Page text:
Chief Justice Cheri Beasley Extends COVID-19 Modifications to Court Operations

By Adam Banks

As most of you are painfully aware, it doesn’t appear that the coronavirus or the statewide coronavirus restrictions we have been living with since March are going away anytime soon.

Just this week, Gov. Cooper announced a new Executive Order to limit alcohol sales at restaurants after 11 p.m. Although it received much less media attention, this week also included a new Order from Chief Justice Beasley extending Emergency Directives 2-8 until August 28.

The new order simply extends current restrictions, but as a refresher, practitioners may expect the following modifications to court operations:

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When Is A Settlement Agreement A Final Settlement Agreement?

By Charles George

The North Carolina Business Court lists on its website Orders of Significance—unpublished Business Court opinions “regarding a matter of significance.” Although Judge Gale’s order on the enforcement of a settlement agreement last month in Howard, et al. v. Iomaxis, LLC, 20 NCBC 36 did not make the list, it nevertheless serves as a good reminder for practitioners: a mediated settlement agreement leaving additional terms to be memorialized later may result in an unenforceable agreement.

To me, the most interesting part of Judge Gale’s order in Howard was not the conclusion— because as discussed below, the parties did not agree on all material terms, and thus he refused to enforce the settlement agreement—but a citation to N.C. Nat’l Bank v. Wallens, 26 N.C. App. 580, 583 217 S.E.2d 12, 15 (1975). This case was decided well before mediation became mandatory in North Carolina and states that a “reference to a more ‘complete’ document does not necessarily indicate that material portions of the agreement have been left open for future negotiation. It could mean only that immaterial matters, which are of no consequence, will be added to complete the agreement.”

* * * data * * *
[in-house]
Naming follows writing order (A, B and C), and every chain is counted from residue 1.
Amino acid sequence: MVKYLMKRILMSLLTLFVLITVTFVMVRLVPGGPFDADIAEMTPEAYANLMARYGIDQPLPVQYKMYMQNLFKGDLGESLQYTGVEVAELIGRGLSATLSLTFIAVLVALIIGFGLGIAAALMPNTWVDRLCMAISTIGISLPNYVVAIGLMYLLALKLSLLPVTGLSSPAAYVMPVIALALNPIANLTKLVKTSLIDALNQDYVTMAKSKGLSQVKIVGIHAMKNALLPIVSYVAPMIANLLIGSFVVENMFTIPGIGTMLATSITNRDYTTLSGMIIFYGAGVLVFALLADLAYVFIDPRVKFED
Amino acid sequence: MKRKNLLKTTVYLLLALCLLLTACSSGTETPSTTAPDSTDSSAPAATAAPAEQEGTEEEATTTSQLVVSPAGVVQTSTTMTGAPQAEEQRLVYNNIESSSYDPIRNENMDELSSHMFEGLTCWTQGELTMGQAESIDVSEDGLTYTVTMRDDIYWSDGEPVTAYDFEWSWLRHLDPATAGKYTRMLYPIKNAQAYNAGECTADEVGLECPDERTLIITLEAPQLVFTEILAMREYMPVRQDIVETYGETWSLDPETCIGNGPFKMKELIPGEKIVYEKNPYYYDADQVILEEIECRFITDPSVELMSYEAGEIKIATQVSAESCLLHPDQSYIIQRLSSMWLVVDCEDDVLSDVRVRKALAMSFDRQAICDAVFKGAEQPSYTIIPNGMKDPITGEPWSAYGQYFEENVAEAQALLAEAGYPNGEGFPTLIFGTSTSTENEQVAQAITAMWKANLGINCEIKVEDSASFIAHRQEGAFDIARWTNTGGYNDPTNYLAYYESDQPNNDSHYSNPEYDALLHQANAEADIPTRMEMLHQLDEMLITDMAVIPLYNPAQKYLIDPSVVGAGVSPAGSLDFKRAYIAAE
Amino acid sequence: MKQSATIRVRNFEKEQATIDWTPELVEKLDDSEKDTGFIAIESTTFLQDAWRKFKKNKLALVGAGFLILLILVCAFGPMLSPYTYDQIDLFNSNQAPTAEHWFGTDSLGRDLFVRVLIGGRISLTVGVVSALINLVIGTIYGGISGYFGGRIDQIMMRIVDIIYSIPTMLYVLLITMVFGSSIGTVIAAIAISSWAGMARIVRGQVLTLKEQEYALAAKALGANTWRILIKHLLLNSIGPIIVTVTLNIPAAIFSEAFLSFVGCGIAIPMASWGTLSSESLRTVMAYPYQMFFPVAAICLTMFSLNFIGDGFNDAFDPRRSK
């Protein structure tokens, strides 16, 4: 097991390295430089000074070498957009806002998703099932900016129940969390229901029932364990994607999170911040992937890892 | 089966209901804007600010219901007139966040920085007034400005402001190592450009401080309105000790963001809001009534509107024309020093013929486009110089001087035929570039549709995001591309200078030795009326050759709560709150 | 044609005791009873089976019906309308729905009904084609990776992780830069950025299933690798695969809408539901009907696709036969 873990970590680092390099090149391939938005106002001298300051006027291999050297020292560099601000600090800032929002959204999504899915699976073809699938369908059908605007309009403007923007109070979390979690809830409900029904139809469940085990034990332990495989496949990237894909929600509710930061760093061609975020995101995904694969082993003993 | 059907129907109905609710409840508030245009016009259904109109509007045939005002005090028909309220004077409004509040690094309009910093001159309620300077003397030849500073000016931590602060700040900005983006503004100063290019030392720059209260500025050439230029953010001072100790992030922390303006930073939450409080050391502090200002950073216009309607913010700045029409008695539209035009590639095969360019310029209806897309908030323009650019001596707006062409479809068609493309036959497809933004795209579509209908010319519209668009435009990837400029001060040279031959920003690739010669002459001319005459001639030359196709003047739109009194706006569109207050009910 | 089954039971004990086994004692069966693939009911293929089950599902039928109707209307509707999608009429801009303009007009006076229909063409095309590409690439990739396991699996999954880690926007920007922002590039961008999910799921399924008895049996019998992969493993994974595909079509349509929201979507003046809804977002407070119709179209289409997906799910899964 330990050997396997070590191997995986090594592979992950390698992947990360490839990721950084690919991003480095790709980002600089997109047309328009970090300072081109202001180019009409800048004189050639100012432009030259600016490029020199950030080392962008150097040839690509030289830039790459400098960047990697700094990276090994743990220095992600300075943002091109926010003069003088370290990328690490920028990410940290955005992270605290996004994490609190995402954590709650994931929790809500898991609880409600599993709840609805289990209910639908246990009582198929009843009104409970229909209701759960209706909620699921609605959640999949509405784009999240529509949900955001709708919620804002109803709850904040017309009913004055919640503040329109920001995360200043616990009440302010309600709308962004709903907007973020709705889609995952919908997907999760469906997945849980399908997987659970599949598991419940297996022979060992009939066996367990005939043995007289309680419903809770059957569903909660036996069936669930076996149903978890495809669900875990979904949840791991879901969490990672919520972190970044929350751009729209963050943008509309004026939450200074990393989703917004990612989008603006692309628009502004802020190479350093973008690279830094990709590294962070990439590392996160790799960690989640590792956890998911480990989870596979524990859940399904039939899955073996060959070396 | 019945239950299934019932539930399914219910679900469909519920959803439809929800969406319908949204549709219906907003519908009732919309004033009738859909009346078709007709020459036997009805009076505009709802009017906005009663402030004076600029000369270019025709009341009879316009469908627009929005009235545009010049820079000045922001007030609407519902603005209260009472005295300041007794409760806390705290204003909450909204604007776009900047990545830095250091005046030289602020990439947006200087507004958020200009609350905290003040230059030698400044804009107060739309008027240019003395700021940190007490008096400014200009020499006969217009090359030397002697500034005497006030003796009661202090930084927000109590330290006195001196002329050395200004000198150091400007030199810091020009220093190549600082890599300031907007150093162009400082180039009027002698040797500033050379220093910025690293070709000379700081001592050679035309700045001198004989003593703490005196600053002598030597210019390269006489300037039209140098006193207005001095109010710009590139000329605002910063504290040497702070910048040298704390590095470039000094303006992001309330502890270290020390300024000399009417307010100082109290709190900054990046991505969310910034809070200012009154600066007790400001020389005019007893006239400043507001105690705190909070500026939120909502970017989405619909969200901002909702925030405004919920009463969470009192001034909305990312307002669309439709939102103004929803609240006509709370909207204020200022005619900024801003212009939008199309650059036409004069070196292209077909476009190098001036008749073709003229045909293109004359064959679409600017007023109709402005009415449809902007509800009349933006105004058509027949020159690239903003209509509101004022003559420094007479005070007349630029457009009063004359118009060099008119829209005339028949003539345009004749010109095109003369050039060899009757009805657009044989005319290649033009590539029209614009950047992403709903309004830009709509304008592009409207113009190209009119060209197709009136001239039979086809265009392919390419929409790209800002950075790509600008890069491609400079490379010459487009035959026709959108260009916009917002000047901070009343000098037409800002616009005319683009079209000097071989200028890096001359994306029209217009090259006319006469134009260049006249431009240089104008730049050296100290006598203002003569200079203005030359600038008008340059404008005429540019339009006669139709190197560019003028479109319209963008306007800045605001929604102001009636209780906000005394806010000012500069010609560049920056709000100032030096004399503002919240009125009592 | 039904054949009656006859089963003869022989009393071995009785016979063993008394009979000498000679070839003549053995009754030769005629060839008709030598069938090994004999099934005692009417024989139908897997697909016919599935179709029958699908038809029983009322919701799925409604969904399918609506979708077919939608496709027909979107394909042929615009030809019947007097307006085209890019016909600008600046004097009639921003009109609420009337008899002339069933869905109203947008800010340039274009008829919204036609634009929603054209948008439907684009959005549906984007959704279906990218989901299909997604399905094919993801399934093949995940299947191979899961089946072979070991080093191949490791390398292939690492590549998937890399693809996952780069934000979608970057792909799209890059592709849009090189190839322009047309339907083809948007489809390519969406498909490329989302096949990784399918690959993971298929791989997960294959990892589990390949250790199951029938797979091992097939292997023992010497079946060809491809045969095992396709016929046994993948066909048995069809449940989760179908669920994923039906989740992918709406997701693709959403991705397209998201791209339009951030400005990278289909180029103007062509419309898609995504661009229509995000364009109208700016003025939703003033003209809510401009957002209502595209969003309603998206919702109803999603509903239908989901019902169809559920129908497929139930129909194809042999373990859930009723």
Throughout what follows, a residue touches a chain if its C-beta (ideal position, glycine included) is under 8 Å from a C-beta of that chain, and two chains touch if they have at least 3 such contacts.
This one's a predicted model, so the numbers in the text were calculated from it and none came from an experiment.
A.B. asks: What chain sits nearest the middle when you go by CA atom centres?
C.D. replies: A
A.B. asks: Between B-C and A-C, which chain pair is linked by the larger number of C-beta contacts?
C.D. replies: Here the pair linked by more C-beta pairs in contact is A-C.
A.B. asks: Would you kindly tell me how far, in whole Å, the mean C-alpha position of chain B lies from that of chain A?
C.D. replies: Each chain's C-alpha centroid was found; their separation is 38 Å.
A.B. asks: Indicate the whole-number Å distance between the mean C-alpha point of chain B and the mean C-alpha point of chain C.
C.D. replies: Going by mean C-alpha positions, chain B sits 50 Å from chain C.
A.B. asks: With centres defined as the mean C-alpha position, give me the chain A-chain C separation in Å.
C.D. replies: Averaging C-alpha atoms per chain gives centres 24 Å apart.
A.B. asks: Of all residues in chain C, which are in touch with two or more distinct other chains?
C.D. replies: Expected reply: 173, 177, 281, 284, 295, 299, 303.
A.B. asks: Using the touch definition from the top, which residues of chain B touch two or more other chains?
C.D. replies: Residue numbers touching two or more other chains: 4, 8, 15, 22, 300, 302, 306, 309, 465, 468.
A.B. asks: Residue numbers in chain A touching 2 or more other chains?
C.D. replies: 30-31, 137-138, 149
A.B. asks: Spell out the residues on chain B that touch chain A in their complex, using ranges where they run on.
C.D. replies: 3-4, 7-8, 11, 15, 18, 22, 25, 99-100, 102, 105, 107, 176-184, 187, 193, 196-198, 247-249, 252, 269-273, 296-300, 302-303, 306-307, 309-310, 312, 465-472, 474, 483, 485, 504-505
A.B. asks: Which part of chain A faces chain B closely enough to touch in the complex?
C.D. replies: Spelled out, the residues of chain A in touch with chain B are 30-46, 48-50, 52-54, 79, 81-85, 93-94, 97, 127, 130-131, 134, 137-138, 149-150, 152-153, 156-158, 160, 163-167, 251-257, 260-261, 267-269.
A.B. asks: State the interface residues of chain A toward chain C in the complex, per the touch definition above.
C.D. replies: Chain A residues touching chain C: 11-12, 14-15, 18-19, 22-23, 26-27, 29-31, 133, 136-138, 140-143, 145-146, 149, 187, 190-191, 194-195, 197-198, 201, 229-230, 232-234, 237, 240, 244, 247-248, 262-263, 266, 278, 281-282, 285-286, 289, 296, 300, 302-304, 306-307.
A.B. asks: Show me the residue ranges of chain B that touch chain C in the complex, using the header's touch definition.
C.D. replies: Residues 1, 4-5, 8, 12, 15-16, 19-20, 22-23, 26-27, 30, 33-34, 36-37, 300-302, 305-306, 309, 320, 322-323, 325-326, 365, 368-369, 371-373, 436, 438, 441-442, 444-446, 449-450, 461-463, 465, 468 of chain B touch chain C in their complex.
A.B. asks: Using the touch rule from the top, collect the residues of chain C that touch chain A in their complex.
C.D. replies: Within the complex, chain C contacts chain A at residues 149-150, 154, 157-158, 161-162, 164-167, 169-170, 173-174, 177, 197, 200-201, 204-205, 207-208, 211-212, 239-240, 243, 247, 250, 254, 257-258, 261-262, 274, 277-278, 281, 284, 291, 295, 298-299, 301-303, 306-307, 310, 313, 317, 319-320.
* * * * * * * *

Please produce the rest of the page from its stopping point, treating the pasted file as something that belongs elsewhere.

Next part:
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Catharine Arrowood Receives The Advocate’s Award

By Marilyn Forbes

Congratulations to Catharine Biggs Arrowood, the 12th recipient of The Advocate’s Award and the first to receive the award virtually via Zoom presentation, on Friday, June 19, 2020. The Advocate’s Award is presented by the North Carolina Bar Association’s Litigation Section as merited to recognize members who are the “superstars” of our Bar.

The Advocate’s Award recognizes litigators who 1) have the highest ethical standards; 2) have shown great skill and ability as a litigator/trial lawyer and commitment to the very best work product; 3) demonstrate a true commitment of service to clients; 4) demonstrate a respect for and love of the law; 5) are held in the highest regard by both bench and bar; 6 ) are dedicated to the community and the bar with a track record of pro bono or volunteer service; and 7) serve as an example of how to effectively balance both outstanding professional performance and other life endeavors.

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Be a Part of Our Team – the Litigation Section Needs You!

By Rick Conner

Thank you all for being members of the Litigation Section! As you know, your Section membership offers numerous benefits, such as networking opportunities, discounted CLE rates, and the opportunity to read and publish on our blog.

Because of COVID-19, we are living in strange and challenging times, unlike anything any of us have ever seen during our careers. Attorneys, judges, courthouse officials, legal staff, and our clients are all doing their best to adapt to social distancing and public health recommendations that make operating a business and maintaining a litigation practice much more difficult. New rules and recommendations are being written and revised nearly every week, and it is a constant challenge to stay up to speed on the latest developments.

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New COVID-19 Orders from Chief Justice Beasley on Civil Court Operations

By PJ Puryear

Chief Justice Beasley just rolled out her newest orders on the courts.

You can read about them here, but below are the highlights that should be of interest to North Carolina litigators:

Filing, Deadlines, and Statutes of Limitation/Repose

  • Filings due pursuant to statutes of limitation or repose are extended until July 31.